Turkey’s opposition parties are finding it difficult to launch a joint presidential campaign. Despite the hard work of the Republican People’s Party (CHP) and the Felicity Party (SP), Abdullah Gül is less and less likely to emerge as the opposition’s joint candidate. Meral Akşener’s unwillingness to backtrack on her presidential bid and objections from within the CHP left Gül just no choice. He will either accept the SP’s nomination or run as an independent. To be clear, he has time until May 5 to decide.
No matter what happens over the next days, however, it is no secret that Gül miscalculated his political prospects. His initial goal was to emerge as a “new hope” by bringing together the opposition and a certain faction within the Justice and Development Party (AK Party). His supporters hoped all social groups would conclude that Turkey desperately needed Gül’s leadership. Needless to say, things did not go as expected. Instead, there seems to be a divide between the former president and the AK Party – the political party he co-founded.
In recent days, efforts by the opposition parties to jointly endorse Gül’s presidential bid took an unexpected turn. Instead of fielding Gül as their joint candidate, opposition leaders want to lure away conservative voters, including the Kurds, from the AK Party to deny President Recep Tayyip Erdoğan a first-round victory.
Obviously, Gül repeatedly miscalculated his relationship with Erdoğan’s AK Party. Since 2013, the former president distanced himself from the party against the backdrop of the Gezi Park protests, the fight against Gülenist Terror Group (FETÖ) terrorism, and growing tensions with the West and the Gulf. He has been notably critical of Erdoğan’s response to the turbulence fueled by international players. Finally, Gül took the ultimate step by letting the conversation on his potential presidential bid drag on.
One might argue that Gül has not actually decided to run. It was Prime Minister Binali Yıldırım who explained how little the difference was between “thinking about running” and “actually running”: “It was an engineering project, and it failed.” It is a common misconception that Gül was left with two options when the People’s Alliance rallied behind President Erdoğan: To run against the incumbent, or not. But letting the opposition parties talk about his candidacy at length was a decision that changed the course of his political career. The side effects of that choice can be observed within the AK Party and the opposition alike. At this point, Gül’s only way out is to come out in favor of Erdoğan’s candidacy.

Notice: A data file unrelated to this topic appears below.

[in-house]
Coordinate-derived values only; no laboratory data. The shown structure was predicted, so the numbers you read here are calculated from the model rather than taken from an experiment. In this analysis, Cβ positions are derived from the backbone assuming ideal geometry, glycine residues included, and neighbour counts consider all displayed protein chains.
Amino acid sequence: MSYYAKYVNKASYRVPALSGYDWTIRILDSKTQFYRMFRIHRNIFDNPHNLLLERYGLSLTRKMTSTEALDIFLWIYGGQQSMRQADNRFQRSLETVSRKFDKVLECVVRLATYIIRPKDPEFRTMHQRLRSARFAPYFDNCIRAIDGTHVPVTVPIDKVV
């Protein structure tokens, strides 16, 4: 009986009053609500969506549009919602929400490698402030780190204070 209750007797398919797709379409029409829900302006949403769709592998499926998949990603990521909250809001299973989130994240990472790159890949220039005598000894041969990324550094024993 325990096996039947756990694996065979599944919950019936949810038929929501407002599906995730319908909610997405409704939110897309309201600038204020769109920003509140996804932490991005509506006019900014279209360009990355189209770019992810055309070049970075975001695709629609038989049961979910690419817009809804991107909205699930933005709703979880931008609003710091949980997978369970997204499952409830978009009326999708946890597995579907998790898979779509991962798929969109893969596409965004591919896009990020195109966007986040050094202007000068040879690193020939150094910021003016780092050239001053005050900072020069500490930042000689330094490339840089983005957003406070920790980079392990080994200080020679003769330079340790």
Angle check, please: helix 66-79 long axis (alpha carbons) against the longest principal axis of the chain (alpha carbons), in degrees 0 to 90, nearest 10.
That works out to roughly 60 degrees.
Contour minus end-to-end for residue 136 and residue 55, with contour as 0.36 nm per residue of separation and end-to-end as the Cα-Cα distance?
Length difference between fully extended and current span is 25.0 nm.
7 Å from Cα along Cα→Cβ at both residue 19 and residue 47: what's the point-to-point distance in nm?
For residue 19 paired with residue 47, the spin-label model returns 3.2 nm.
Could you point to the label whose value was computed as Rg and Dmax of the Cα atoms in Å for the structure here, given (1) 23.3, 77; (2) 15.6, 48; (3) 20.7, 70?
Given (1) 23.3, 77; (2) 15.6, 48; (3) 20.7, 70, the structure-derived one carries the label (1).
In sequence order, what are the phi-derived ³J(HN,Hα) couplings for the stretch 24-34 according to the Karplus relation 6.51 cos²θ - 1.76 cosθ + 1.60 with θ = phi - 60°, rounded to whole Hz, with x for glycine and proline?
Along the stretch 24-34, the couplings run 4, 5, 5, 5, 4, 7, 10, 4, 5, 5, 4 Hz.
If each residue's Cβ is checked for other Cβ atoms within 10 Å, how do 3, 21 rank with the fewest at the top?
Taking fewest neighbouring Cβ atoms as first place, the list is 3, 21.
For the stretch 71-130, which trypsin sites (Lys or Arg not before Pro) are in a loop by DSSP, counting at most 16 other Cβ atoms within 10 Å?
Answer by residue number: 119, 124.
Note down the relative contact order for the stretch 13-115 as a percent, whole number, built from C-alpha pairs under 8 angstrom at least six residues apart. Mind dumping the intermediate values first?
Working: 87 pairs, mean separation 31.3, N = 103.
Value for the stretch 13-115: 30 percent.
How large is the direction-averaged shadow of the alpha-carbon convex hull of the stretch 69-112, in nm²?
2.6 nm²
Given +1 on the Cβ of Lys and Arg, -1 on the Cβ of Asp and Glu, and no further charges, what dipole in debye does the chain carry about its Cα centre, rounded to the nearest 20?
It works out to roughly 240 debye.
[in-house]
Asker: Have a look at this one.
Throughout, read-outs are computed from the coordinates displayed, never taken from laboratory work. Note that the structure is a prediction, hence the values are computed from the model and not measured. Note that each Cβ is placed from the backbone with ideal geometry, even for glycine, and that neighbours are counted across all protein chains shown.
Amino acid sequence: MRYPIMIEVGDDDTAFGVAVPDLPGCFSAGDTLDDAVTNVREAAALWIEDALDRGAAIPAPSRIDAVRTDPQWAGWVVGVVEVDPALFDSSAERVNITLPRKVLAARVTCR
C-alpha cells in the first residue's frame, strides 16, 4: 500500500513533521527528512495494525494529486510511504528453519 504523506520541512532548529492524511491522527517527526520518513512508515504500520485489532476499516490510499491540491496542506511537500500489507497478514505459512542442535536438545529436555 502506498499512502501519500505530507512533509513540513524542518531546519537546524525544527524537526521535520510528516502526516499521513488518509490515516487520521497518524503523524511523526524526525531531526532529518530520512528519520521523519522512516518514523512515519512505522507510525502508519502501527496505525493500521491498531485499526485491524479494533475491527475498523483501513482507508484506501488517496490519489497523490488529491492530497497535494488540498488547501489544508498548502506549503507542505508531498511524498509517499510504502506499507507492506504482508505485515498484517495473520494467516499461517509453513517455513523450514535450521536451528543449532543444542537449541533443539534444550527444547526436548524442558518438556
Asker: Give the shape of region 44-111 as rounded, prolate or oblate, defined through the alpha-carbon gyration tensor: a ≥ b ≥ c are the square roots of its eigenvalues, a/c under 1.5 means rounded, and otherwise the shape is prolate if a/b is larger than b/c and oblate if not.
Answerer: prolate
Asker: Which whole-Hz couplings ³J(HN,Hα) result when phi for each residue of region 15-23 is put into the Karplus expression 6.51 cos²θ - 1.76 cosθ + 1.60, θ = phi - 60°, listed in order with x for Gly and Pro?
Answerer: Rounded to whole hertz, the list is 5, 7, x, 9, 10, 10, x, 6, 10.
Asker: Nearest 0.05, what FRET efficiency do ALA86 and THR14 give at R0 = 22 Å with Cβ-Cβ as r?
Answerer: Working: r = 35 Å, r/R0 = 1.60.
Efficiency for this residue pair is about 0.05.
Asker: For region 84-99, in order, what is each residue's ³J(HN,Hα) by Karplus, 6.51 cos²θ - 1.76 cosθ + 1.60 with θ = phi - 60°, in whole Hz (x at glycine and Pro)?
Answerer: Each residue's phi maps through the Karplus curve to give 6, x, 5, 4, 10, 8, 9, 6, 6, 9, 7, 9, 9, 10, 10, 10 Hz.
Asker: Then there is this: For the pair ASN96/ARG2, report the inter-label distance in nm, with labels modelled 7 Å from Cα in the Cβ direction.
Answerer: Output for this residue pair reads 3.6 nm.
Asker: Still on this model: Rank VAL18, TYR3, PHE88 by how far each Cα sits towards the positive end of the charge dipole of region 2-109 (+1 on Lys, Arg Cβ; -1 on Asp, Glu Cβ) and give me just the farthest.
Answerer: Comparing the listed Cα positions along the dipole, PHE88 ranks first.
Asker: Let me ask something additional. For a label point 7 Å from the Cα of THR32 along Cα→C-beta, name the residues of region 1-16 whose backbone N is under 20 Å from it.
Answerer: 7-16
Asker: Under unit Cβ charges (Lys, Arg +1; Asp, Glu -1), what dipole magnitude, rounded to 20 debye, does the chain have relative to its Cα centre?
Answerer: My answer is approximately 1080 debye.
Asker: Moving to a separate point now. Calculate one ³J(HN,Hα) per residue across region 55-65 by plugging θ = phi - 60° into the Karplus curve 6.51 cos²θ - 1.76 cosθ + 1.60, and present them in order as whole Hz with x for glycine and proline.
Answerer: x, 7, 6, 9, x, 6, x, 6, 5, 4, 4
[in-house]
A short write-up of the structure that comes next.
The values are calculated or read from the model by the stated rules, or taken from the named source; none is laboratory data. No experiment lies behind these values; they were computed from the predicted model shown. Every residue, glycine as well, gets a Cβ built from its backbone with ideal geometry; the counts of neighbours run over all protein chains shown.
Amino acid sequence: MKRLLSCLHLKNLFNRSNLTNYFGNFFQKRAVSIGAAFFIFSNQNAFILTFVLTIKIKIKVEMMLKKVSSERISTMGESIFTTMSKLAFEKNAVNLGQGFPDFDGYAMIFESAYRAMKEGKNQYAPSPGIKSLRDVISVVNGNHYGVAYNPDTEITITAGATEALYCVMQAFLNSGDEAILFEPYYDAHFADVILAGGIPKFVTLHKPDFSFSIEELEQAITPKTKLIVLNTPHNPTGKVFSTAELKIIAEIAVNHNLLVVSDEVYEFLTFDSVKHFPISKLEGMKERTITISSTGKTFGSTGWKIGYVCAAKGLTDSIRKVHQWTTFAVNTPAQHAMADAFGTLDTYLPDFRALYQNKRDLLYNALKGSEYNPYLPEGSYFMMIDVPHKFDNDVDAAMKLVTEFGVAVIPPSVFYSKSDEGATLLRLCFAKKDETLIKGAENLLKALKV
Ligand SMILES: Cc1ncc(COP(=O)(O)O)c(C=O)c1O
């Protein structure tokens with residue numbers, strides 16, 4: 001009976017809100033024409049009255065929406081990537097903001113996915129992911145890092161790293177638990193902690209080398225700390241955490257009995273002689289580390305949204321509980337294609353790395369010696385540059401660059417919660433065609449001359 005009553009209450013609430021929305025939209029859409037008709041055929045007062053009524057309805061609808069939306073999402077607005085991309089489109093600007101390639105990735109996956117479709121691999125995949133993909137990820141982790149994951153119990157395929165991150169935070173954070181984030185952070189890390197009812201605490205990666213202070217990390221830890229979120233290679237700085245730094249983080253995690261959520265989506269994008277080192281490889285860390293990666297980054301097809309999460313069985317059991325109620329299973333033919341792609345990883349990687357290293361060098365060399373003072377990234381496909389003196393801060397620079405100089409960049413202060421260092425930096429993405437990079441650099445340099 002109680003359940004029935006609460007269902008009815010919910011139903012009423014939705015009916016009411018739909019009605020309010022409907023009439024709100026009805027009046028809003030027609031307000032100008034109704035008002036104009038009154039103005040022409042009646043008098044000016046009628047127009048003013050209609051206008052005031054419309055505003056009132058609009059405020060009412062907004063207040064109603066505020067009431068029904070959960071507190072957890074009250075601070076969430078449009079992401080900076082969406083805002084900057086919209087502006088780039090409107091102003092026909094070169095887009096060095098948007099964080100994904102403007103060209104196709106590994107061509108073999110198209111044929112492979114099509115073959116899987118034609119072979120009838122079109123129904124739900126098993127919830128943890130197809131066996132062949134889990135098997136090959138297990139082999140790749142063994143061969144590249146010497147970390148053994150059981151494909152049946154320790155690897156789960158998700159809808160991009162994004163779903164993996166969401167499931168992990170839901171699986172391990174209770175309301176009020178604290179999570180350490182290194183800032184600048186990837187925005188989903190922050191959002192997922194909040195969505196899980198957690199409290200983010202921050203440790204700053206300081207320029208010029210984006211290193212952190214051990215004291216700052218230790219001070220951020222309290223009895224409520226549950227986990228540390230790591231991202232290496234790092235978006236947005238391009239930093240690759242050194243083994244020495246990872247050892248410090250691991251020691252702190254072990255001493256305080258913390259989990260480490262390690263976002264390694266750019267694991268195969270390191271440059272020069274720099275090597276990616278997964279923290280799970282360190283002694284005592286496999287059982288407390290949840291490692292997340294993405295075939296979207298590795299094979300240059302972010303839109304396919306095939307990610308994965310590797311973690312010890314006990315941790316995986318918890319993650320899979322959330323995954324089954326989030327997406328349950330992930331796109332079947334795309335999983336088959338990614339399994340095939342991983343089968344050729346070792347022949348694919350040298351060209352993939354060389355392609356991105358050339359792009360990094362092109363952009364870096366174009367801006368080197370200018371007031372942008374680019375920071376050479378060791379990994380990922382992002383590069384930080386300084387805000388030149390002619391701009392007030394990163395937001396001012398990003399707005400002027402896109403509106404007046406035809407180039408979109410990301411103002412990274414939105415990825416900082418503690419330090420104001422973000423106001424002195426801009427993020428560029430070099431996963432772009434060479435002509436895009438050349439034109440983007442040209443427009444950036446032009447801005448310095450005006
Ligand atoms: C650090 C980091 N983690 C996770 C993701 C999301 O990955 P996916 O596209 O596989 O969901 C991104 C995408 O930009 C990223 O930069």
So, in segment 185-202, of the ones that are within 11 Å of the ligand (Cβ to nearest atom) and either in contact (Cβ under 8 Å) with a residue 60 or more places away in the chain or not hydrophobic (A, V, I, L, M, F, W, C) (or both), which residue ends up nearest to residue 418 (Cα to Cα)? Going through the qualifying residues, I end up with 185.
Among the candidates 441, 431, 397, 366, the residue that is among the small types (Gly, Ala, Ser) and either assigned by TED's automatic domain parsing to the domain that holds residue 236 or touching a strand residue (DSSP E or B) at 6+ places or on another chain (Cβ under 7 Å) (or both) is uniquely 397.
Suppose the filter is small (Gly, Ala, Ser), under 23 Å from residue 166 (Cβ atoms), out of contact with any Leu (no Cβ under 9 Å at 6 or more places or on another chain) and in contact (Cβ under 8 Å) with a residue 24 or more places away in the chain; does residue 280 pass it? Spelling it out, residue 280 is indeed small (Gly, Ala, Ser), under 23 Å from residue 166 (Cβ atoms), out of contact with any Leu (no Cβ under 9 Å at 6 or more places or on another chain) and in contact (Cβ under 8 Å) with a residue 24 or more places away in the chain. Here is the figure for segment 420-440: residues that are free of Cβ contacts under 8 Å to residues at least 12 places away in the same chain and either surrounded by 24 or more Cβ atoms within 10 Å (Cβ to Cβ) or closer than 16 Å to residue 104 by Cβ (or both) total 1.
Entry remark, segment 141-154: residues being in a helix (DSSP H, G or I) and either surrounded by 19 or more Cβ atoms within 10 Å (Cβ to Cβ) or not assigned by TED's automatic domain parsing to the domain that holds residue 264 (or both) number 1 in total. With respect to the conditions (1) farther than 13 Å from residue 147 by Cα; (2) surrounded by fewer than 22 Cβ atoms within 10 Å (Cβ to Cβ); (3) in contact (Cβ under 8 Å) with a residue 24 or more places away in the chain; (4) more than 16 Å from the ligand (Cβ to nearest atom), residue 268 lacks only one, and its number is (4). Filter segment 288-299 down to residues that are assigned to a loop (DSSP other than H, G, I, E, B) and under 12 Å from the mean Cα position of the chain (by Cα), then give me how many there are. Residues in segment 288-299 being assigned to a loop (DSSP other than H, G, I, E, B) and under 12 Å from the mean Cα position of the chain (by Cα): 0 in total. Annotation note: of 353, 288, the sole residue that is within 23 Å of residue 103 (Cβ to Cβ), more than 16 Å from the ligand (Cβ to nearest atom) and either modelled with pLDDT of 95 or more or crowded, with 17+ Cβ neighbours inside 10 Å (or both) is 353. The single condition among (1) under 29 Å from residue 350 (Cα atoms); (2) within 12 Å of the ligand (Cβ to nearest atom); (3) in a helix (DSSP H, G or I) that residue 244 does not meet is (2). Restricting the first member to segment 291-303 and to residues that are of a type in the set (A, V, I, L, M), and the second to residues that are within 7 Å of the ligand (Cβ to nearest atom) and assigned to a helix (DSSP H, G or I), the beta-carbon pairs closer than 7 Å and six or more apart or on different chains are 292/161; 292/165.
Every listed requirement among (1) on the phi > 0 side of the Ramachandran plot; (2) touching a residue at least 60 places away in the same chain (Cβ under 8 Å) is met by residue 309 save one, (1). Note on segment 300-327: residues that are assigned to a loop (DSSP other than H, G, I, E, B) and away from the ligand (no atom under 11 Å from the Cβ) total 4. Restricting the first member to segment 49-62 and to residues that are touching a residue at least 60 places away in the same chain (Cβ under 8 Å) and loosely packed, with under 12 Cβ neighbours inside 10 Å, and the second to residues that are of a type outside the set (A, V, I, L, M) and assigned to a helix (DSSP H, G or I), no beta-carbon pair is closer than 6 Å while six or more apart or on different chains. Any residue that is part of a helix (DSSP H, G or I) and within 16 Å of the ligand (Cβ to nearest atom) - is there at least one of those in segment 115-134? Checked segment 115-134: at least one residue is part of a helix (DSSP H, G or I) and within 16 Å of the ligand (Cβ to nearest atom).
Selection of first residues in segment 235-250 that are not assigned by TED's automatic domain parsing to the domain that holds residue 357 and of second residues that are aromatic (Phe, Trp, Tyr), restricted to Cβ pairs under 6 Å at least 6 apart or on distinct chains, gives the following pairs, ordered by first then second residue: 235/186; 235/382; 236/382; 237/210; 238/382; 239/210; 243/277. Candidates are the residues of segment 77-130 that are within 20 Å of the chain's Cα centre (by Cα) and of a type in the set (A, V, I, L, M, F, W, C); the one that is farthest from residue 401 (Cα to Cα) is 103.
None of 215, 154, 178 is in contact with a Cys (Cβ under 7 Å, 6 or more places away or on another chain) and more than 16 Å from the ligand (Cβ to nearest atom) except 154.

It is no surprise that the opposition desperately wants to deny President Erdoğan a first-round victory in the upcoming election. This is why Gül’s name came up in the first place. In the second round, they hope, voters will side with Erdoğan’s opponent to remove the incumbent from power. To be clear, this is exactly why Akşener refuses to suspend her (prospective) campaign. The underlying assumption here is that anti-Erdoğanism could unite opposition movements across the spectrum in the second round of the presidential election. Whoever ends up competing against Erdoğan, opposition leaders expect, will secure enough votes. Ironically, the opposition already tried this approach to no avail, as the 2014 presidential election ended with a first-round victory for Erdoğan.
On April 16, 2017, Turkish voters overwhelmingly supported the adoption of a new system of government. In June 2018, the country’s next president will be elected under those new rules. The idea that the opposition could beat Erdoğan in the second round, regardless of the runner-up’s identity, is misleading. Muharrem İnce, a CHP parliamentarian who hopes to run for president, made this point very clearly: “If I had to choose between the two candidates, I would vote for Erdoğan.” Perhaps his statement was an attempt at manipulation. There is a good chance that İnce would make some extremely harsh statements about the incumbent if he ends up running for office. But his remarks suggest that CHP voters could consider voting for the incumbent in the second round. Same goes for members of other opposition parties.
[Daily Sabah, 27 April 2018]
In this article
- 2018 Elections
- Abdullah Gül
- Daily Sabah
- Early Elections in Turkey
- Fethullah Terrorist Organization (FETÖ)
- Gülen Movement
- Gülenist Terror Group
- Gülenist Terror Organization
- Hizmet Movement
- Muharrem Ince
- People's Alliance
- Prime Minister
- Recep Tayyip Erdoğan
- Snap Elections
- The Gezi Park Protests
- The President of the Republic of Turkey
- turkey's elections
- Turkey's Elections 2018
- Turkey's Felicity Party (SP)
- Turkey's Justice and Development Party | AK Party (AK Parti)
- Turkey's Republican People's Party (CHP)
- Turkish Opposition
- turkish president